Premature baby ray takes first swim after 'hatching' from plastic sandwich bag
21 February 2019, 15:22 | Updated: 21 February 2019, 18:01
A premature baby ray has taken its first wobbly swim after spending two months in a plastic sandwich bag used to save its life.
The ray was at the embryo stage when it was born nearly a month early in December, and was still trapped in its egg case.
It was placed into a plastic bag in a bid to save its life by aquarist Frazer Mackay of Macduff Marine Aquarium in Aberdeenshire.
The bag acted as a protection sack, with tiny holes in each corner, allowing the creature to develop before it eventually "hatched" into the tank on Tuesday.
The delicate creature crashed to the bottom of its nursery tank before practising a few backward somersaults after it was carefully released from the bag.
Chris Rowe, displays officer at the aquarium, said it was "wonderful" to finally release the baby ray into the tank to join its siblings.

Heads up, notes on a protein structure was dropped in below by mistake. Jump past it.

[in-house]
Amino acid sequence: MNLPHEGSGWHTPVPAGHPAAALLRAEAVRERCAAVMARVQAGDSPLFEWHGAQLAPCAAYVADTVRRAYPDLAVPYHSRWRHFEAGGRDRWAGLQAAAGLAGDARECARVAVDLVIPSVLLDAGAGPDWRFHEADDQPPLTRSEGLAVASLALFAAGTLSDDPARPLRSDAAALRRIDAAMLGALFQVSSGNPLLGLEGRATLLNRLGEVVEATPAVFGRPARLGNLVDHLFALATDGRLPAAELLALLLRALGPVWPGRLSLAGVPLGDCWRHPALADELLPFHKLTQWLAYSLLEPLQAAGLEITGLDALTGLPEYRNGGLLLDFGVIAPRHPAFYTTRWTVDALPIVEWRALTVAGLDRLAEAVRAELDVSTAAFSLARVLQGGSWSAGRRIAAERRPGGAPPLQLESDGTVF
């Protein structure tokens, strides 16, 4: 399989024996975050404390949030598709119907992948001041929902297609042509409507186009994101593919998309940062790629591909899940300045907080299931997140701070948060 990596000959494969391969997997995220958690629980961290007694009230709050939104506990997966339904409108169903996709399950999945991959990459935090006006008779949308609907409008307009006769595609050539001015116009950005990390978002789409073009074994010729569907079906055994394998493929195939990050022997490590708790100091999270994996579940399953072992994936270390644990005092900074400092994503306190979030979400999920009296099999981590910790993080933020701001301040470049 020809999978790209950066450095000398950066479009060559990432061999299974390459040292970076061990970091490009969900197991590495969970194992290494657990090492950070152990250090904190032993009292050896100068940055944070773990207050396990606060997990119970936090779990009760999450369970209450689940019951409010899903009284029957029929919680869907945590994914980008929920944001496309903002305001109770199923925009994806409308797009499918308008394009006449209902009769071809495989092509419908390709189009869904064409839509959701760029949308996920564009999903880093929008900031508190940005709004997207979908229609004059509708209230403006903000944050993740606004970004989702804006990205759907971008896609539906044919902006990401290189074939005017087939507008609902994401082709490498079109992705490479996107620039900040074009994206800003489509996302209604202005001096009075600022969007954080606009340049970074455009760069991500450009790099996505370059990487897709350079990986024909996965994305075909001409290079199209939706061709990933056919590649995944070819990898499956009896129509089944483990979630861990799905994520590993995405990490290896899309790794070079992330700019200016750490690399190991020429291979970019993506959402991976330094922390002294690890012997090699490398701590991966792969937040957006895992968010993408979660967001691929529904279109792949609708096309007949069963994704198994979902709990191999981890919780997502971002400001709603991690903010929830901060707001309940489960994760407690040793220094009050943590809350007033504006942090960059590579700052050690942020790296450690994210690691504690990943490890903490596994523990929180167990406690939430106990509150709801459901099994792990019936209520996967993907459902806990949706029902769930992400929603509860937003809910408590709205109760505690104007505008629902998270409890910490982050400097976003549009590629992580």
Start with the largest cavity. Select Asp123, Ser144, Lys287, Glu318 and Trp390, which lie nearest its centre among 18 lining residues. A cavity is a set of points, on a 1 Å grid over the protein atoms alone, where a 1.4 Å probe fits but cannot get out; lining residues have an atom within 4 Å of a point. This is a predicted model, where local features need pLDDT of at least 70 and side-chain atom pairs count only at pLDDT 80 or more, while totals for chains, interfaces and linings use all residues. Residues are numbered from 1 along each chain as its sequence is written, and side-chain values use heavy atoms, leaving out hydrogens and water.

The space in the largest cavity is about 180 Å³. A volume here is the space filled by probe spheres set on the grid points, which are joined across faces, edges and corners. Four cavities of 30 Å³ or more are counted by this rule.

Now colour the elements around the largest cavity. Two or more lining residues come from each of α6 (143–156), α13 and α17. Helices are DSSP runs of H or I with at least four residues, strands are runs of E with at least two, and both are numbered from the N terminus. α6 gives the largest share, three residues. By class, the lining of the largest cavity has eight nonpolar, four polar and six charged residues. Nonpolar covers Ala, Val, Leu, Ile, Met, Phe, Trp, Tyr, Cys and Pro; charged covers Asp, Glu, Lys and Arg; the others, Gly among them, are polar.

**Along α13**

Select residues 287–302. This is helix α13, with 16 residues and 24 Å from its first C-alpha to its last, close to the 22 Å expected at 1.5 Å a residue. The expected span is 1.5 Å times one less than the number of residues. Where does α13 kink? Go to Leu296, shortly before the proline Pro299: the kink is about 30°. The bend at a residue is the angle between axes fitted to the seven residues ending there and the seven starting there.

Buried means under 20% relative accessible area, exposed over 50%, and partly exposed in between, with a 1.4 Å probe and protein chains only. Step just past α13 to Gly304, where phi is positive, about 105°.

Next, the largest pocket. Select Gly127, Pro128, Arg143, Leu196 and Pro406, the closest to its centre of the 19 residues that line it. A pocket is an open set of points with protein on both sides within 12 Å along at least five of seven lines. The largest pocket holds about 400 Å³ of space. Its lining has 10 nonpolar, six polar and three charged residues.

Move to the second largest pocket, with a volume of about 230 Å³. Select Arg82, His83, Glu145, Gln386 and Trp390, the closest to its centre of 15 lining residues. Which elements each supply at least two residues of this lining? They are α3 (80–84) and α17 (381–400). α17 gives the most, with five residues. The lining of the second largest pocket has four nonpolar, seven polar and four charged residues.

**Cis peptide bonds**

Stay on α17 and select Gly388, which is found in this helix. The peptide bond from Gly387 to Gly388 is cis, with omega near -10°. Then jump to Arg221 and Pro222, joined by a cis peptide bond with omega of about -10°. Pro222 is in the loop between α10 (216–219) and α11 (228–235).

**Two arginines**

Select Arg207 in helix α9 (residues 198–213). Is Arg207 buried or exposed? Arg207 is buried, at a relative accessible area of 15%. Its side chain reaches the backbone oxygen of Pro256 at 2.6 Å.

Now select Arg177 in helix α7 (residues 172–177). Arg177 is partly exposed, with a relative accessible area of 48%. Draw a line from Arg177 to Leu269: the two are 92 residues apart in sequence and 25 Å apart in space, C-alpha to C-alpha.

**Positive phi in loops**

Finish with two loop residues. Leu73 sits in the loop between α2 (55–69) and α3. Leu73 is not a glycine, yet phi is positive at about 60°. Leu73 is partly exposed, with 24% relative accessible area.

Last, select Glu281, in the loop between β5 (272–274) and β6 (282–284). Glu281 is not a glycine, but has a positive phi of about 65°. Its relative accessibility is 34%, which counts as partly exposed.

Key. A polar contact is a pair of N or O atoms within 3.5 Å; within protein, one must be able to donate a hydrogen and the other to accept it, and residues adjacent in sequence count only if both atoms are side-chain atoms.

He told Sky News: "The baby has been in its bag for two months whilst it finally absorbs the last of its external yolk sac.
"Now that this has been done, the baby is set to start feeding on its own alongside its brothers and sisters.
"We're all delighted and it will be fun watching this little 'media star' develop."
The aquarium posted a video of the special moment on Facebook, writing in an accompanying post: "Our baby ray in a baggie 'hatched' today!
"After a moment of disorientation the baby is settled gently to the bottom of the nursery tank, well done Frazer!"
The baby ray had not particularly increased in size during its time in the bag, but used up its yolk sac completely, as it would have done in the natural mermaid's purse before hatching, the aquarium said.
Mr Rowe said its survival rate "should be just as good as if it had naturally hatched from its own egg case.
"As long as it starts eating fine we'll be okay".
The juvenile's first swim was understandably a bit shaky but it soon began to swim several loops as it enjoyed its new freedom.
The baby ray's gender will become identifiable once its body has developed.
For now, the aquarium are keeping a close eye on its progress.